My Book: “THE MYSTIC CITADEL OF 22 SRUTIs MUSIC” --
Design of ‘ancient Indian music’ seems to be founded on 22 tones per octave (vis-a-vis our contemporary practice of 12 tones per octave). ‘The ‘keys’ that would unlock this ancient design of music have been disseminated to our civilization in a ‘cryptic’ manner, by way of religio-cultural symbols: i.e. seven ‘Sama Vedic’ tones of the Hindu (Indian) orthodoxy and the Sumerian Pantheon of twelve gods.
Pythagoras, the Visionary of ancient Greece, seems to have grasped an age-old wisdom that ‘good music’ results from ‘simple fractions’, and that ‘complex fractions’ lead to ‘noise’.
Interestingly, Sumerians (4000 B.C.) symbolized their gods as ‘mathematical fractions’. Extrapolated analysis of these ‘fractions’ led me to conclude that the Sumerian gods, in fact, symbolize “twenty-two simple fractions” resident within an octave. (We may, therefore, refer to these fractions as: ‘god-fractions’ of Sumeria).
The Indian scenario was drastically different! Medieval Indian musicologists, have perceived music by their direct “experience” in the “aural” domain, as ‘tones’, vis-à-vis the Western manner of conceptualizing as ‘fractions’. From time immemorial, Holy Sama Veda was chanted in a musical form composed in ‘seven tones’. Quite surprisingly, these seven tones were precisely ‘quantified’ over an octave that was calibrated into “22 equal divisions” (known as 22 ‘Srutis’). This grouping of tones was known as ‘Sadja-grama’; more variants namely ‘Madhyama-grama’ and ‘Murchanas’ were also derived from ‘Sadja grama’ in order to enhance the resource-base of music.
My Experiment. I attempted a new “experiment” by cross-fertilizing the religio-musicological traditions between ancient Sumeria and ancient India; i.e. the Sumerian ‘god-fractions’ were superimposed on the Indian Octave of 22 Srutis. I was amazed to observe that the 22 ‘Sumerian tones’ exactly ‘converged’ into the Indian system of 22 tones: ‘six tones’ embedded in the Indian ‘Sadja-grama’, five tones in ‘Madhyama grama’ and eleven tones in ‘Murchanas’ (i.e. a total of 22 tones!). There had been a total “congruence” in musicological thoughts between Sumeria and Vedic India!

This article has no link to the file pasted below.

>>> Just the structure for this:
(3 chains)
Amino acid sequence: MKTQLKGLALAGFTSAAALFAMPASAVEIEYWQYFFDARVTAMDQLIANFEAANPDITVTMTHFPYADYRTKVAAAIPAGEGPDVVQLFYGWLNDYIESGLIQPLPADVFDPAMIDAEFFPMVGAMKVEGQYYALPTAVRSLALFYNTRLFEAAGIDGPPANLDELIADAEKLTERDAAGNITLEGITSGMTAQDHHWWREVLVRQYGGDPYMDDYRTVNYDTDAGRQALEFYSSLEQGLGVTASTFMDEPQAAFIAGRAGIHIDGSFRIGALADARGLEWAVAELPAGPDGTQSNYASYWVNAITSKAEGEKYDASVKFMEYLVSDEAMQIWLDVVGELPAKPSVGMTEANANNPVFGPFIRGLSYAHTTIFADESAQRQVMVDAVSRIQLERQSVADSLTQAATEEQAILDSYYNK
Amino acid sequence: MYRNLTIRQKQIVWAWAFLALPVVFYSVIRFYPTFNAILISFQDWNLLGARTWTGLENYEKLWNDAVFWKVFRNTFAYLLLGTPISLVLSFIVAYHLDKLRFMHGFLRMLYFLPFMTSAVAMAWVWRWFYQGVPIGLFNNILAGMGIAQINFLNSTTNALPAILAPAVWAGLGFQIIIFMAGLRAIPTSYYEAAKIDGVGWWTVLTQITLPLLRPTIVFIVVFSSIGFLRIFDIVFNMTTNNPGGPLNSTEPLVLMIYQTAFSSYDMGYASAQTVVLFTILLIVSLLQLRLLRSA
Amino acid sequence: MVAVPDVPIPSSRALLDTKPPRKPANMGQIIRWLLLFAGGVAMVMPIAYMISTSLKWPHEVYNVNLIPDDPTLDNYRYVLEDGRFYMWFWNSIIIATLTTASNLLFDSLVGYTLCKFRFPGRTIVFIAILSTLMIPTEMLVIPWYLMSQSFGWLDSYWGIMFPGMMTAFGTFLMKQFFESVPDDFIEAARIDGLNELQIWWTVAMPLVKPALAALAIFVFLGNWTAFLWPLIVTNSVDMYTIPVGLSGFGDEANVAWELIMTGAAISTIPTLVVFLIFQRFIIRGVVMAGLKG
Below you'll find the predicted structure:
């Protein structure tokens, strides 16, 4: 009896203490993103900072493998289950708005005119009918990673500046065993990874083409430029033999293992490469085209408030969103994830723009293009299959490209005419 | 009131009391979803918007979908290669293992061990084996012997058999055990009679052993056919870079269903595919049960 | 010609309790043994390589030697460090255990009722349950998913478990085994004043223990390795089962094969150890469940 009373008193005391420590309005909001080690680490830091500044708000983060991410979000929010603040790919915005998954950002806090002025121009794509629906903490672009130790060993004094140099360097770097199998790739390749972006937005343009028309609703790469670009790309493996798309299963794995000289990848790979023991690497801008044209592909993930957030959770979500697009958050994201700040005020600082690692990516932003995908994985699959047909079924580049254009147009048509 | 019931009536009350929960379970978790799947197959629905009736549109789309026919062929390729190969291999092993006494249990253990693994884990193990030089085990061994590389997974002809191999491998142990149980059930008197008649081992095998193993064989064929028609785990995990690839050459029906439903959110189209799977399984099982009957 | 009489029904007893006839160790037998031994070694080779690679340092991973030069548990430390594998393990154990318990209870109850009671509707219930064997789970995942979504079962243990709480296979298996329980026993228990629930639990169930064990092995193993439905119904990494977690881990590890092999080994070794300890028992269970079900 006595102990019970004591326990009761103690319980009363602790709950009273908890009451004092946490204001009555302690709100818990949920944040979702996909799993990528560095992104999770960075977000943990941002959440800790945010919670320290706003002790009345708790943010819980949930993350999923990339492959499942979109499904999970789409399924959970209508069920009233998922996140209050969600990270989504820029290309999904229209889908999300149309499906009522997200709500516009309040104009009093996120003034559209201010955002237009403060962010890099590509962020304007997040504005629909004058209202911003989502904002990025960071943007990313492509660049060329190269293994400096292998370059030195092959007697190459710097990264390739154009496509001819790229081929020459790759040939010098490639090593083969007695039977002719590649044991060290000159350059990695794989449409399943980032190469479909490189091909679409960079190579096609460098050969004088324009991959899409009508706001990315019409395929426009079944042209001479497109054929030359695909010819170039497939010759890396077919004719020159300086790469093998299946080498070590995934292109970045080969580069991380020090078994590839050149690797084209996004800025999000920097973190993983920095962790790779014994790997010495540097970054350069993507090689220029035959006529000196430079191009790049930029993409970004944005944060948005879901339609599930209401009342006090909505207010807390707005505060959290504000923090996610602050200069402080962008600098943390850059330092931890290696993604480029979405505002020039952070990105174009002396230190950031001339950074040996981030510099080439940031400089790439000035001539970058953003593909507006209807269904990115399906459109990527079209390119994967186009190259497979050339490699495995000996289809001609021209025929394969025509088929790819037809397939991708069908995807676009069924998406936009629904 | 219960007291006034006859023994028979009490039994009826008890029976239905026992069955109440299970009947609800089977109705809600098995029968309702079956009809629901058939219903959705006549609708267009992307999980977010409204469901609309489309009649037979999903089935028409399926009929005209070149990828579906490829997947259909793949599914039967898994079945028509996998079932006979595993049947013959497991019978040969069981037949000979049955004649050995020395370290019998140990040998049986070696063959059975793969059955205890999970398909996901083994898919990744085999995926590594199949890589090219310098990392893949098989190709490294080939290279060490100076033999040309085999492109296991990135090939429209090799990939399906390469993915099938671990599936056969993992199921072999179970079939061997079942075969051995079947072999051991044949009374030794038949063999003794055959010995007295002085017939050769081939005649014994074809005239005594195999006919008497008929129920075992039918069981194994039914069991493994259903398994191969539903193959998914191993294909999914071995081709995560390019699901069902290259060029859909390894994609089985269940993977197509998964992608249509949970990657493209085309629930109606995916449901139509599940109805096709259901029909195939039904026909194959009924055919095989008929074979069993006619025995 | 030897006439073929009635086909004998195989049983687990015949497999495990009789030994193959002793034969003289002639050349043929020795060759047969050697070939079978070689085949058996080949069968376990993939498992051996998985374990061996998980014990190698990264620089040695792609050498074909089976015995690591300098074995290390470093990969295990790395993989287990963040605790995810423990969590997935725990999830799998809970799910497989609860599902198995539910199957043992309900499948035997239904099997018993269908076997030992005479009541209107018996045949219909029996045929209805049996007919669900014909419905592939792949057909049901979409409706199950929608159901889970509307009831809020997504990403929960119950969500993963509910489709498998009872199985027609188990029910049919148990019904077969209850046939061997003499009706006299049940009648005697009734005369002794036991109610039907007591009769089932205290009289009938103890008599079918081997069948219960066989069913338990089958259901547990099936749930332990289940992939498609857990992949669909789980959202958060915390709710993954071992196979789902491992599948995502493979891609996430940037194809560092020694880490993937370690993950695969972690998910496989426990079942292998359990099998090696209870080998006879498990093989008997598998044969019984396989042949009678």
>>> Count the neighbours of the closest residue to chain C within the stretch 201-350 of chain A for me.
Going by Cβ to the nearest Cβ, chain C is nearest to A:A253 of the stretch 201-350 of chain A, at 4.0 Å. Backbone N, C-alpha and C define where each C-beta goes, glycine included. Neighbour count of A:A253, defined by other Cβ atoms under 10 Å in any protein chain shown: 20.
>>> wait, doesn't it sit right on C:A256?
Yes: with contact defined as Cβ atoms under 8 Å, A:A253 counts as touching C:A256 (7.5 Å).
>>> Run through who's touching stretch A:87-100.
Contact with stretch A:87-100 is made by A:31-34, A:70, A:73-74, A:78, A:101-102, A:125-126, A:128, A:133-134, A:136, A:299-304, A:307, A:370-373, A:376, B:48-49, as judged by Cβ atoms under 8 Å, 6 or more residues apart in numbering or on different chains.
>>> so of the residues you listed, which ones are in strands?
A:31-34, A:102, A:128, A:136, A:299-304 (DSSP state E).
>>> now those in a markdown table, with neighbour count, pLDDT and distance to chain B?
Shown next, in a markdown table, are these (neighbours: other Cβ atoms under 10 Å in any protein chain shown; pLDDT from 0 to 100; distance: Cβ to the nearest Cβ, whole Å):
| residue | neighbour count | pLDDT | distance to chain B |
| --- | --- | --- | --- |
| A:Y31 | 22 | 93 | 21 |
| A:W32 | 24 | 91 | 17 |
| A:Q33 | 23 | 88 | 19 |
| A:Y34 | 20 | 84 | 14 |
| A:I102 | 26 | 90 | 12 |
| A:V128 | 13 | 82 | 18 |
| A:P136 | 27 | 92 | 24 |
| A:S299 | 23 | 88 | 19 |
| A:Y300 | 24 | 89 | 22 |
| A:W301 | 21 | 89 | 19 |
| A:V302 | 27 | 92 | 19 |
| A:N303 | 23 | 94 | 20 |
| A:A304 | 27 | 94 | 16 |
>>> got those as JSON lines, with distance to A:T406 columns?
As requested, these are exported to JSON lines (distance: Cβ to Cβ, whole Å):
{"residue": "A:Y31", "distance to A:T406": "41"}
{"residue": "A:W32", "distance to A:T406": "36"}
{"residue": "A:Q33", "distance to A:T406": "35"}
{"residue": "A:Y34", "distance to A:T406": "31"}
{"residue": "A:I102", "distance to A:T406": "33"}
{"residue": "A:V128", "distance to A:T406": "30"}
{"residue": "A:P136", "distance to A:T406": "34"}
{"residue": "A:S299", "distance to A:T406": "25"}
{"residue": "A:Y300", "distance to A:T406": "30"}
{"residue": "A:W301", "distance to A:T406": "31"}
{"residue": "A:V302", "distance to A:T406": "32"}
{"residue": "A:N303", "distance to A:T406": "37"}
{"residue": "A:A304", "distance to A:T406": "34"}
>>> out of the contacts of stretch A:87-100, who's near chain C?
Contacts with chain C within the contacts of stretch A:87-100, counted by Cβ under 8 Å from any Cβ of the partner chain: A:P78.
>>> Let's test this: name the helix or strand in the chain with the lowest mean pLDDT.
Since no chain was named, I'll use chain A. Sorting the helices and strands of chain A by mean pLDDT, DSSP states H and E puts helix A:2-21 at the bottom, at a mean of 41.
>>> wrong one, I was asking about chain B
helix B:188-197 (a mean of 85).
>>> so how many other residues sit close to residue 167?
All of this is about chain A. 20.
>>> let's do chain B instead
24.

In other words, the ‘Family of 22 Simple Fractions’ indeed enjoys the “sanction” of ancient civilizations of both the East and the West.
I had ventured a bit deeper into the ‘structures’ interior to this ‘family of 22 fractions’. Following features are unique:
· Each fraction is a ‘sonant’, i.e. each one is a ‘simple fraction’ with respect to the Tonic. These Notes are. Therefore, inherently ‘serene and tranquil’ (somewhat similar to the tones of the drone/ tanpura).
· While composing melodic phrases, if we configure the ‘Intervals’ between successive ‘Notes’ also as ‘simple fractions’, the resulting melodic phrases would sound far more appealing to our ears.
· Certain ‘triads’ of adjacent tones (similar to ‘anu-vadis’, as known to the Indian musicologists) beat with one another, to generate additional melodic depths in a composition. This phenomenon may be interpreted as ‘assonance’.
I have fabricated a ‘lyre’ (vina) and a ‘harmonium’ for demonstrating these unique melodic features.
In addition, I have developed some computerised models of music with typical melodic phrases; these have been uploaded on the net so that any keen musician could listen, grasp their fundamental features and innovate further with greater artistic skill. However, these compositions are somewhat amateurish as I am not an accomplished musician myself. In my enthusiasm to attempt some creativity, I had resorted to a variety of instrumental tones, styles, glissandos, portamentos, ‘gamakas’ etc. These amateurish attempts might sound weird to one’s ears, to begin with! I am confident that some magnanimous musician would be kind enough to come forward and correct such imperfections.
Listen to the following links and tune into my perceptions of 22 srutis music please; ‘R1’ to ‘R6’ denote the ‘Rishabha’ notes on which the melodic structures are founded:
May I solicit comments from the Viewers please? My contact tele: 91 20 26729256, 98501 21834. My e-mail id: firstname.lastname@example.org. Also please visit my web-site: http://www.22sruti.com. The Book “The Mystic Citadel of 22 Srutis Music” is available with me at the following postal address: Srinivasan Nambirajan, A-7/ 103, FLORIDA ESTATE, Keshav Nagar, Mundhwa, Pune-411036. (Bank drafts / cheques are welcome in the name of Srinivasan Nambirajan, at Rs.450/- only. For overseas readers, the price tag is $35 (US) please. I do exercise my discretion of offering discounts for Educational Institutions, Scholars and Senior citizens).